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This picture of an Airbus A350 test aircraft shows multiple instruments on the flap fairings, wing fairing and on the empennage:

aerodynamic flow cones Source: A380_TLS_A350 AIB199GG (high-res version)

They are being described as 'aerodynamic flow cones'.

What are these -- what do they measure, and how?

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  • $\begingroup$ Is there a chance you could find a better picture? At this scale we can't really see what those things are. $\endgroup$ – Jan Hudec Aug 28 '14 at 7:51
  • $\begingroup$ @Federico: I believe he speaks about the little shiny dots glued all over the airframe. $\endgroup$ – Jan Hudec Aug 28 '14 at 7:52
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    $\begingroup$ Looks like a fancy way of tufting. $\endgroup$ – Peter Kämpf Aug 28 '14 at 10:24
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To expand a bit on the other explanations here, "flow cones" are one of the many methods used for flow visualization.

When something is being tested in a wind tunnel or in flight, you usually can't see the air flow around the body. To be able to visualize the flow, something is added to the air, like smoke, or to the body, like flow cones or tufts. Tufts are basically just short lengths of string taped to the body at one end. Flow cones are small cones attached at their apex with string.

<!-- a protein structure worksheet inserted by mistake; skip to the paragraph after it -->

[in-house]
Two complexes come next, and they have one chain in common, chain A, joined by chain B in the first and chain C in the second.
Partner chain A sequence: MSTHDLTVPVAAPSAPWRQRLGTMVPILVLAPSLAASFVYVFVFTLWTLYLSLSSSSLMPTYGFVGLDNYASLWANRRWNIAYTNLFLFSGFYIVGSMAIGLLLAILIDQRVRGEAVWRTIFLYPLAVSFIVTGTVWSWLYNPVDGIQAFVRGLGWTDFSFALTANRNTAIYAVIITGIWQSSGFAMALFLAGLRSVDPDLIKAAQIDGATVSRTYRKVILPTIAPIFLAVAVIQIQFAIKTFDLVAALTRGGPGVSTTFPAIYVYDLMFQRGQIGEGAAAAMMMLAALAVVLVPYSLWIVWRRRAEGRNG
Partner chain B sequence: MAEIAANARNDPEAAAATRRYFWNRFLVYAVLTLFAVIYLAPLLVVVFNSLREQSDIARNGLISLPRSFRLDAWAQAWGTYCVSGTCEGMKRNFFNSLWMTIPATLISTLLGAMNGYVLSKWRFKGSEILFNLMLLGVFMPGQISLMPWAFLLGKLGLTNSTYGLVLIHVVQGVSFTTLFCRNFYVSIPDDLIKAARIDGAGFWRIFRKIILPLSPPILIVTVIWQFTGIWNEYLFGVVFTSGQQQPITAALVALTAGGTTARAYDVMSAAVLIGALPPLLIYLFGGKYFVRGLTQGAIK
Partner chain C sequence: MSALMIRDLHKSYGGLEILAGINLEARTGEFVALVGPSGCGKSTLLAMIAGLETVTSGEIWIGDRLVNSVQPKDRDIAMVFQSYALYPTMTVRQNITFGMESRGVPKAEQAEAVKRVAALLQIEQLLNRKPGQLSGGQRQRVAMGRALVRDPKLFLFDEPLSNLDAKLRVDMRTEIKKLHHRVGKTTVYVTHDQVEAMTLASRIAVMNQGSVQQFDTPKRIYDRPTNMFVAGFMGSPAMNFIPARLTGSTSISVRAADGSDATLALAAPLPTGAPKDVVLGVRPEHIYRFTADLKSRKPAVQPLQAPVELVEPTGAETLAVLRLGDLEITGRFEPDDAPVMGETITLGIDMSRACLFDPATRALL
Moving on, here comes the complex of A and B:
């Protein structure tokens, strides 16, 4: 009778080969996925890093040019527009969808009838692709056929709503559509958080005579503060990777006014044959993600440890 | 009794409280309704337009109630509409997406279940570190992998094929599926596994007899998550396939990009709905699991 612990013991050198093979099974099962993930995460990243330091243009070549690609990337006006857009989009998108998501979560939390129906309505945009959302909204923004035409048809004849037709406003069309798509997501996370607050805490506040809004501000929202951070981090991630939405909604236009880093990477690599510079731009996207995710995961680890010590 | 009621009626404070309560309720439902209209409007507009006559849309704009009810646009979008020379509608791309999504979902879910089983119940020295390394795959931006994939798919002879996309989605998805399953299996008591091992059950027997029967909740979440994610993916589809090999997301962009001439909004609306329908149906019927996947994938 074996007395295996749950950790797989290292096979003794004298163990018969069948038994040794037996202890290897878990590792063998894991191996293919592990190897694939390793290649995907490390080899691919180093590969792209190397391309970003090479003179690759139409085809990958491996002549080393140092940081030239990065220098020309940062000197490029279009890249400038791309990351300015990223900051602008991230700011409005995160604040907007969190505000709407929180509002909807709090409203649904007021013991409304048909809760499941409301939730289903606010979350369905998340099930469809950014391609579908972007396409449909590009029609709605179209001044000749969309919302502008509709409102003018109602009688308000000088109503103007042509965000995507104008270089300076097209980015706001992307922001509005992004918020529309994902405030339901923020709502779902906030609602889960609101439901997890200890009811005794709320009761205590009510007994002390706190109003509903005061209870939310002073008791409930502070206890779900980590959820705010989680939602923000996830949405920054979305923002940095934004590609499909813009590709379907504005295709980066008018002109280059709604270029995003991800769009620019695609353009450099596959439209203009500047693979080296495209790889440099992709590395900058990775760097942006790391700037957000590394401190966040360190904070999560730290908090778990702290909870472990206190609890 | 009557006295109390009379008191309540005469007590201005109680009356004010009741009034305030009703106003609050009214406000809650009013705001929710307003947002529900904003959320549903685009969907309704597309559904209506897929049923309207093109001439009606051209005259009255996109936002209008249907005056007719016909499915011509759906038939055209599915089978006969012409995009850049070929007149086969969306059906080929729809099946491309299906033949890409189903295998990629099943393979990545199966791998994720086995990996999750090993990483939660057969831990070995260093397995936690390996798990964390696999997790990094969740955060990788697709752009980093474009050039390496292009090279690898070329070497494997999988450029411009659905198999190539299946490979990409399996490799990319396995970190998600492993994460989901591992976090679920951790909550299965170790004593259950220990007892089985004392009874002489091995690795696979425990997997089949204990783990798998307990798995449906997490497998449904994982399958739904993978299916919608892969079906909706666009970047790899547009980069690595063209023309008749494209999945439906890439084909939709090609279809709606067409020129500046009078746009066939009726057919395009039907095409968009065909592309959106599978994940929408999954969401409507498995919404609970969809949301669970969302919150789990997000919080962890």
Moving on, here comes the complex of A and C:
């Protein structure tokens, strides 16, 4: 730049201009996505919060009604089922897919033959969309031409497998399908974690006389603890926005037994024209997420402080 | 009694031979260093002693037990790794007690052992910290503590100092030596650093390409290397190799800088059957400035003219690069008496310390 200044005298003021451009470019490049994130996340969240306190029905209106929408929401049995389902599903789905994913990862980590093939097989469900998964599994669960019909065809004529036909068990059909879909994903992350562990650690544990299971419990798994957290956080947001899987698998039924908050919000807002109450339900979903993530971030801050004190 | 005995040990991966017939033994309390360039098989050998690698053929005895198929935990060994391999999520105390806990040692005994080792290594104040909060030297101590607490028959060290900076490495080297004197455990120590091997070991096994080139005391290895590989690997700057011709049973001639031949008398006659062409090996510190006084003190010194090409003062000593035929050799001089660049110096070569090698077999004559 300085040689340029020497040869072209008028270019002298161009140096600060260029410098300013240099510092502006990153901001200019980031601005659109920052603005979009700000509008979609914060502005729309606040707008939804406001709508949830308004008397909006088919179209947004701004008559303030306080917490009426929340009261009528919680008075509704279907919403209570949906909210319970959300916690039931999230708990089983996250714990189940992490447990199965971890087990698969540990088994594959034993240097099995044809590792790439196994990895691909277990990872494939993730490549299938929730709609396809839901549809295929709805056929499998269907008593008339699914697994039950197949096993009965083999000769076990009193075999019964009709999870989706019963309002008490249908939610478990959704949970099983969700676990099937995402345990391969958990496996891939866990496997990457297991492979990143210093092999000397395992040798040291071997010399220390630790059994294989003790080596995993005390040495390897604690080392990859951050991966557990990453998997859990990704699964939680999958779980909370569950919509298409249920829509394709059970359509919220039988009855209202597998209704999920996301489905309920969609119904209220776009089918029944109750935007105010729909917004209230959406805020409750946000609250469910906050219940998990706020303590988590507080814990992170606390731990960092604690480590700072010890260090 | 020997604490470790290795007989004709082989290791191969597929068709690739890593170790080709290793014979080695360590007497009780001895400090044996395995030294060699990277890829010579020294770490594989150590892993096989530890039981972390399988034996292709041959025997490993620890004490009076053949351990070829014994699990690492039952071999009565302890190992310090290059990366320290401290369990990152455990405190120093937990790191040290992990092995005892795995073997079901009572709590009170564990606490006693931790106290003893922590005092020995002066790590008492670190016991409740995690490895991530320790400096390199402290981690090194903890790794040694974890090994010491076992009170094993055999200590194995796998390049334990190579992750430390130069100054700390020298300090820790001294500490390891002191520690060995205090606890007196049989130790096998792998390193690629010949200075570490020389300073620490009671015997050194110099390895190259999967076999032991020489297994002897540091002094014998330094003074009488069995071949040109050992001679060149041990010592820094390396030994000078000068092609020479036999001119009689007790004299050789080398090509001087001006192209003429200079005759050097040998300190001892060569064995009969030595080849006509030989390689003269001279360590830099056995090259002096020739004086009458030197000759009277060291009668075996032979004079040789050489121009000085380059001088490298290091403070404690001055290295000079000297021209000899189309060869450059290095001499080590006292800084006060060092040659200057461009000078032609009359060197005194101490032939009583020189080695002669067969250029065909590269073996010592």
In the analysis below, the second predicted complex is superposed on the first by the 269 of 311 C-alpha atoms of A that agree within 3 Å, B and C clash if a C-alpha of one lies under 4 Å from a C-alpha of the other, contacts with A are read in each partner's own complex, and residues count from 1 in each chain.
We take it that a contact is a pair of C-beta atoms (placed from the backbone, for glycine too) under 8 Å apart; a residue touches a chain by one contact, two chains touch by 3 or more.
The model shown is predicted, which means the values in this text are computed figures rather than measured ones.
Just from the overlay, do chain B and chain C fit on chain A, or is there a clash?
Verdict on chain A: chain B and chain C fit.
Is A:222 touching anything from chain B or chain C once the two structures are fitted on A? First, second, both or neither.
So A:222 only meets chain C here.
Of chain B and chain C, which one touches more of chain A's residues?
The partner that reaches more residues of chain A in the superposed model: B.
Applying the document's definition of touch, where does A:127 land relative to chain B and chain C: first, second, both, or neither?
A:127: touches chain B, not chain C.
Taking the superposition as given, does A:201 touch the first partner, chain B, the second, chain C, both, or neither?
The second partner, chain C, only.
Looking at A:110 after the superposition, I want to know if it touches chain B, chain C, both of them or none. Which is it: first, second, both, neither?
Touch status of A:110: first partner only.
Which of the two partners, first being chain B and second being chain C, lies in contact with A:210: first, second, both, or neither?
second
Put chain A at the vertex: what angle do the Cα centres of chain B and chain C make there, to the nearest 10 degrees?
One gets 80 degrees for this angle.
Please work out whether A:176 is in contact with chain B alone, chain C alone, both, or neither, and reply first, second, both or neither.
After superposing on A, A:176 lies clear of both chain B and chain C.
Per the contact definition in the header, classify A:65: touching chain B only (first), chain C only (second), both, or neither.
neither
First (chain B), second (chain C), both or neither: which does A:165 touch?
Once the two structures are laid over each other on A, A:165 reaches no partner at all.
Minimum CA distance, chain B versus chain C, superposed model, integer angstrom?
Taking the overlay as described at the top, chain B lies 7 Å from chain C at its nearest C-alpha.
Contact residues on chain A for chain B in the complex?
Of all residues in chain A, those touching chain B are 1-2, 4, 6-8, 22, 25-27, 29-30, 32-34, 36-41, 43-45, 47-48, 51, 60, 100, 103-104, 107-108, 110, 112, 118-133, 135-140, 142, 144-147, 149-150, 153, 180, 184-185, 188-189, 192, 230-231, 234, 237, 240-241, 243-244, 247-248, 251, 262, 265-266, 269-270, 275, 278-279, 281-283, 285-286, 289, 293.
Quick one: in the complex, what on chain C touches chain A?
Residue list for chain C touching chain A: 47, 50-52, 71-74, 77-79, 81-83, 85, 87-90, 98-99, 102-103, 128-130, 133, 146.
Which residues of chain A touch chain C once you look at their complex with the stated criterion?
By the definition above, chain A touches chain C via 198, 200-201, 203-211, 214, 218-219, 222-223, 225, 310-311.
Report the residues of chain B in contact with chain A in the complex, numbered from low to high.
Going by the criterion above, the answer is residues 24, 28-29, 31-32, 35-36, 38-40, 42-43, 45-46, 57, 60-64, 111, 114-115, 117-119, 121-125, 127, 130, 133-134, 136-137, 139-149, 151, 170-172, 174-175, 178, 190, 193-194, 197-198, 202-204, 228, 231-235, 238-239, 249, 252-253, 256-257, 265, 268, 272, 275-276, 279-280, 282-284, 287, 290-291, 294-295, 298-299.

These items on the body have two main functions. Primarily, the flow cones or tufts will align them selves with the flow, allowing observers to see the direction of the air flow in that area.

They can also show flow separation. When the flow is attached to the body, it flows fairly smoothly along the surface. When the flow separates from the surface, it becomes much more turbulent and chaotic. The tufts or cones will show this as they are moved by the air.

Flow cones are larger than tufts, so they are much easier to see, which is important in cases like the picture you posted, where they will probably be observed from a chase plane at some distance.

For more on flow separation, see this question, or this video of tufts on a stalling wing. For a comparison of tufts and cones, zoom in on this photo of the X-29A. The darker, larger objects behind the cockpit are cones, while the reddish, smaller ones further aft are tufts. You can also see smoke at the nose being used to visualize the flow.

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They are used to visualize the airflow over parts of the aircraft. See this document for more details about flow visualization techniques (flow cones are described at 2.2.1)

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